In 1919, a section of the canal near Mount Mill Farm was replaced by a concrete trough, in an attempt to reduce leakage. The last recorded commercial traffic was a delivery of chemicals to Leckhampstead in 1932. The arm was blocked at the first bridge in 1944, as a precaution against further leakage, and the temporary dam was never removed. The Buckingham branch was formally abandoned in 1964, but the Old Stratford branch was not. Despite this, the Old Stratford branch was severed by the new route of the A5 road, constructed in 1975/6, and Old Stratford basin was sold in 1991. The route of the Buckingham branch was severed by the construction of the A422 Old Stratford Bypass in 1989/90.

Today the Buckingham canal is closed, with the exception of a short stretch (about 200 metres) running westwards from the junction with the Grand Union Canal at Cosgrove towards the Watling Street, and a 400 metre section at Buckingham which was restored in 2013. The Grand Junction Canal became part of the Grand Union Canal in 1929. Beyond this point the canal can still be followed as a trench running through open fields as far as Old Stratford, where a housing estate has been built over the canal's route. Other remnants of the route are discernible in the landscape as far as Buckingham.

Buckingham Canal Society was formed in 1992 initially with the aim of clearance and photography of the remains of this stretch of waterway. With encouragement from British Waterways, who still owned part of the route, cutting down of the vegetation began on the section from Cosgrove to the A5 road. As the society grew, the restoration of the remains and reinstatement of navigation along the arm became the new aim.


There were originally four wharfs in Old Stratford where cargo from barges could be loaded or unloaded. The majority of the business was the handling of coal.  Large amounts of corn and different foodstuffs were mostly handled at Wharf Farm where there was a wind driven mill.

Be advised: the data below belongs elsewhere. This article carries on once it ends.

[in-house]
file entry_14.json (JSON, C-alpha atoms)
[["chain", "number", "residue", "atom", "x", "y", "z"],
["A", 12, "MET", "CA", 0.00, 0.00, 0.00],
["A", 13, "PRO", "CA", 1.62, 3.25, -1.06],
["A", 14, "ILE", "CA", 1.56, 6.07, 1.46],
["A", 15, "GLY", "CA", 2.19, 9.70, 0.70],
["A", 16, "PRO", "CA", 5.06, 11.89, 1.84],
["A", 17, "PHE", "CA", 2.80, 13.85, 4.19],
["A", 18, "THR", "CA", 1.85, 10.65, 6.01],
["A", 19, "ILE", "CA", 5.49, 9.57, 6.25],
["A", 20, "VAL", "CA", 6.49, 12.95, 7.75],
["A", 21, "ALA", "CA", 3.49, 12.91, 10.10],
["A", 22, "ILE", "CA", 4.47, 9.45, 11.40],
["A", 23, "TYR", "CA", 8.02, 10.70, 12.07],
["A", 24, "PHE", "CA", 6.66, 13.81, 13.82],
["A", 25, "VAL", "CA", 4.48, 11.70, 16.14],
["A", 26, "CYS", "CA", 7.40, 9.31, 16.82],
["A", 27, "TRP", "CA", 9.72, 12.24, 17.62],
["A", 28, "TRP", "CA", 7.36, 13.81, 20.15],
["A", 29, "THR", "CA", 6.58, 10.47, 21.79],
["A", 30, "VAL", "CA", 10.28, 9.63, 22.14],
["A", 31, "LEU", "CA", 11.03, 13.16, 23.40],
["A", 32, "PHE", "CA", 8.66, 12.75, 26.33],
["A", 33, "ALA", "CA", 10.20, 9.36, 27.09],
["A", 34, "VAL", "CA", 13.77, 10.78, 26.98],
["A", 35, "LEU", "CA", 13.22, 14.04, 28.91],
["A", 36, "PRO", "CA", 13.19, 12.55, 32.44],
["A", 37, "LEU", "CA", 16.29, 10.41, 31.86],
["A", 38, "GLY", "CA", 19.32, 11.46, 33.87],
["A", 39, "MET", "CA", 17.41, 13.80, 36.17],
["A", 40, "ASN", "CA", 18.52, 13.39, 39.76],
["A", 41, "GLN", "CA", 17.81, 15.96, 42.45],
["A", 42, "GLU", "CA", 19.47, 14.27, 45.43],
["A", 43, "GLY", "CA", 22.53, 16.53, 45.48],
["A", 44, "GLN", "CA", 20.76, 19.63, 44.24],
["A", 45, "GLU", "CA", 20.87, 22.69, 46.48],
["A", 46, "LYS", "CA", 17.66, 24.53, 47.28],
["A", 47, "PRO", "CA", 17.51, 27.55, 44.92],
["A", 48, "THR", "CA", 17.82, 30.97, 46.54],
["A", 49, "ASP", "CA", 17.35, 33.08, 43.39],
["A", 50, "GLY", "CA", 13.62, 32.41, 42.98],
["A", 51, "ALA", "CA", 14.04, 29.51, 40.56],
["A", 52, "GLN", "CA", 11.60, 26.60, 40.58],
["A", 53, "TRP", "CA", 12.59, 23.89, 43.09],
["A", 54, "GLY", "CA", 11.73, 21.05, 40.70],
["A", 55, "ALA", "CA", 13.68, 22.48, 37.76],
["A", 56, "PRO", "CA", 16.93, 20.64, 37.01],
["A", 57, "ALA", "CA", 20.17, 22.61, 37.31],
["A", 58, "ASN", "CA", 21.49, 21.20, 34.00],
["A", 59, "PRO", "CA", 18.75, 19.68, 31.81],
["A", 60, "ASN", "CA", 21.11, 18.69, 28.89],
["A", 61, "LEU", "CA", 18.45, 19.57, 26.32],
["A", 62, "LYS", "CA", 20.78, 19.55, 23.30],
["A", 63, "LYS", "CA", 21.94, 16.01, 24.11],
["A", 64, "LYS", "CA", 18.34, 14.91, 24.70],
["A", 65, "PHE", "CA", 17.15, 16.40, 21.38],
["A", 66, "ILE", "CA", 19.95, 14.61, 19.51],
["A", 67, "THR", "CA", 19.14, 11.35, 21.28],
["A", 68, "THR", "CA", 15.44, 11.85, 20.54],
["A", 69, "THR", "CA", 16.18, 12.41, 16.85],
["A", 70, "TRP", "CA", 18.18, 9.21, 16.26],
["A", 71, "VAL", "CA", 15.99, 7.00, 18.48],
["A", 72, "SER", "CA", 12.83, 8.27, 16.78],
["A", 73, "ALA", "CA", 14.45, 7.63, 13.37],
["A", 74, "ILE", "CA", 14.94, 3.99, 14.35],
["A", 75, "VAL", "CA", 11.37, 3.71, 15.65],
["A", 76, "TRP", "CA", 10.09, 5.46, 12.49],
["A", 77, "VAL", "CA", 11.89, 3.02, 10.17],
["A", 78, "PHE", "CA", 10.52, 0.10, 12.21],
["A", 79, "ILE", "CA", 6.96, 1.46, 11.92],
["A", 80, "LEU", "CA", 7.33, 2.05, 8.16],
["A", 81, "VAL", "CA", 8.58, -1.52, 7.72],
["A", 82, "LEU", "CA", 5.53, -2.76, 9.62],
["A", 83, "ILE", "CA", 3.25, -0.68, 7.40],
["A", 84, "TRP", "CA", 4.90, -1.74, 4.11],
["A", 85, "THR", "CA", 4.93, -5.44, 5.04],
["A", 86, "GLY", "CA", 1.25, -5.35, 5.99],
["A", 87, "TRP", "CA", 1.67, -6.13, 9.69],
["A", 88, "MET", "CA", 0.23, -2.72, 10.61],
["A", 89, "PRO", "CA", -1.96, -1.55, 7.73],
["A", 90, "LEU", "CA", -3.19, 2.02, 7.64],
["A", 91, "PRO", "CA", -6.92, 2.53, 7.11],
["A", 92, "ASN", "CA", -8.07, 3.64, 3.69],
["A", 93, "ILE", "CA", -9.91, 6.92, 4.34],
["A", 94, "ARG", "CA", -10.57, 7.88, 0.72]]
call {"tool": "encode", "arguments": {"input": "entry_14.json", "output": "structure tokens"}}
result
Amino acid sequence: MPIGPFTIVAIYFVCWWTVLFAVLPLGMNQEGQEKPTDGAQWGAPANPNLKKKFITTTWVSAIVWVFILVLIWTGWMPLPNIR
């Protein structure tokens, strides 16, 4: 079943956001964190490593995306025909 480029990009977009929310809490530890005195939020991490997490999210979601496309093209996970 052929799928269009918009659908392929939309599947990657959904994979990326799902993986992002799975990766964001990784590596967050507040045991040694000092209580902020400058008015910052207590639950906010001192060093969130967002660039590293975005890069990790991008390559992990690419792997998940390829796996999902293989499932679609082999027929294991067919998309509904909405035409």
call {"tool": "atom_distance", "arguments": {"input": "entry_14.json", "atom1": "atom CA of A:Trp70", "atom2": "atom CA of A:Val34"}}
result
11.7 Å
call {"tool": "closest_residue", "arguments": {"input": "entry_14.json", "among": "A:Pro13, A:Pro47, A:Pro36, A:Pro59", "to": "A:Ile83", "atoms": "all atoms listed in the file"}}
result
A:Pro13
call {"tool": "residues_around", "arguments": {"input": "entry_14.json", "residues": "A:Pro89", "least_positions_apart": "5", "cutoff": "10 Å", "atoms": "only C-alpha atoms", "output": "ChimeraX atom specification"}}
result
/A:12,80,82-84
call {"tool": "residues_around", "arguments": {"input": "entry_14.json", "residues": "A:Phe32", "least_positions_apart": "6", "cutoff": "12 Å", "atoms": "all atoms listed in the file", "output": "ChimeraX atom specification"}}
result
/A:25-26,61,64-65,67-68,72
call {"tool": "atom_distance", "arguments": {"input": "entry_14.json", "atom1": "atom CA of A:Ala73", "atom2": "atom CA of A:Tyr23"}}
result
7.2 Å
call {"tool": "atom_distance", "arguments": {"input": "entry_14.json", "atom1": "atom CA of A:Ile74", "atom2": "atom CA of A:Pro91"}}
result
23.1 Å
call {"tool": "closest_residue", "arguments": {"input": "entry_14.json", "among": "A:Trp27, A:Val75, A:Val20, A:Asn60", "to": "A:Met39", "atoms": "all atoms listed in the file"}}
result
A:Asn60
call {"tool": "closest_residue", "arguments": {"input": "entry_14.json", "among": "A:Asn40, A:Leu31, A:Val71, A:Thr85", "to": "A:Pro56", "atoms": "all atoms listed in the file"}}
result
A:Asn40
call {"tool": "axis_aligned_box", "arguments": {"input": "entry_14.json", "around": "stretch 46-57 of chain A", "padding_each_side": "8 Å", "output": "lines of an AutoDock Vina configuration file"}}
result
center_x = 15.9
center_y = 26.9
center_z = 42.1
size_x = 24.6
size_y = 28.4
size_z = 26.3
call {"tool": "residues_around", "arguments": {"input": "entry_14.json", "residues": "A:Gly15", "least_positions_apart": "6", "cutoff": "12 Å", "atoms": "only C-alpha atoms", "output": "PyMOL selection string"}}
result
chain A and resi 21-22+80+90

Another wharf was directly opposite on the other side of Watling Street and run by Mr Washbrook who was a very important coal merchant at one time. Further west on the canal bank itself where Millwards coal yard was later situated was another coal business run by Mr Canvin.

Of course wherever there was a canal wharf there had to be access roads linking with existing roads and since most of these roads had little previous traffic they had to be greatly improved and repaired.

In Wharf Lane, Mr Hayes launched the tugs and launches he produced in Stony Stratford, which were then brought by steam engine to his workshop in Old Stratford.

The Northampton Mercury August 7th 1830

On the 21st ult. Mr. Hall master of the national school at Potterspury, in this county, went with his son, a youth about 19, to bathe in the canal near Old Stratford when, from some unknown cause they were both drowned. By this truly lamentable occurrence, a disconsolate widow is left in circumstances which greatly increase her unhappy bereavement.

The Northampton Mercury September 4th 1830

A subscription is being raised for the benefit of Mrs. Hall, of Potterspury, whose husband and only son were unfortunately drowned a short time since, while bathing in the Grand Junction Canal, near Old Stratford. The amount already subscribed is £85.

The Northampton Mercury August 20th 1881

An Inquest was held at the Falcon Inn, Old Stratford, on the 12th inst., by A. Weston, Esq., on view of the body of Albert Wake, a child 2½ years of age, who was drowned in the canal on the previous Wednesday. Annie Wake said I am the wife of Charles Wake, a labourer, residing at Old Stratford, in the parish of Potterspury. About 2.30 on Wednesday afternoon the deceased was at home. A few minutes afterwards I heard my child Edith screaming, and she told me that the deceased was in the cut of the Buckingham arm of the Grand Junction Canal. I saw my child in the water. It was dead. Assistance came, and the child was got out. The jury returned a verdict of "Accidental drowning," and thought it necessary that the Canal Company should be informed of the danger caused by the want of proper railings.

The Buckingham Arm in the 1950's
Keith Baud

Having a passing interest in canals (holidays on the Shroppie, Ashby and Caldon canals over the past few years) I was aware of the existence of the Buckingham Canal Society and their efforts to get at least part of the Buckingham Arm back into commission.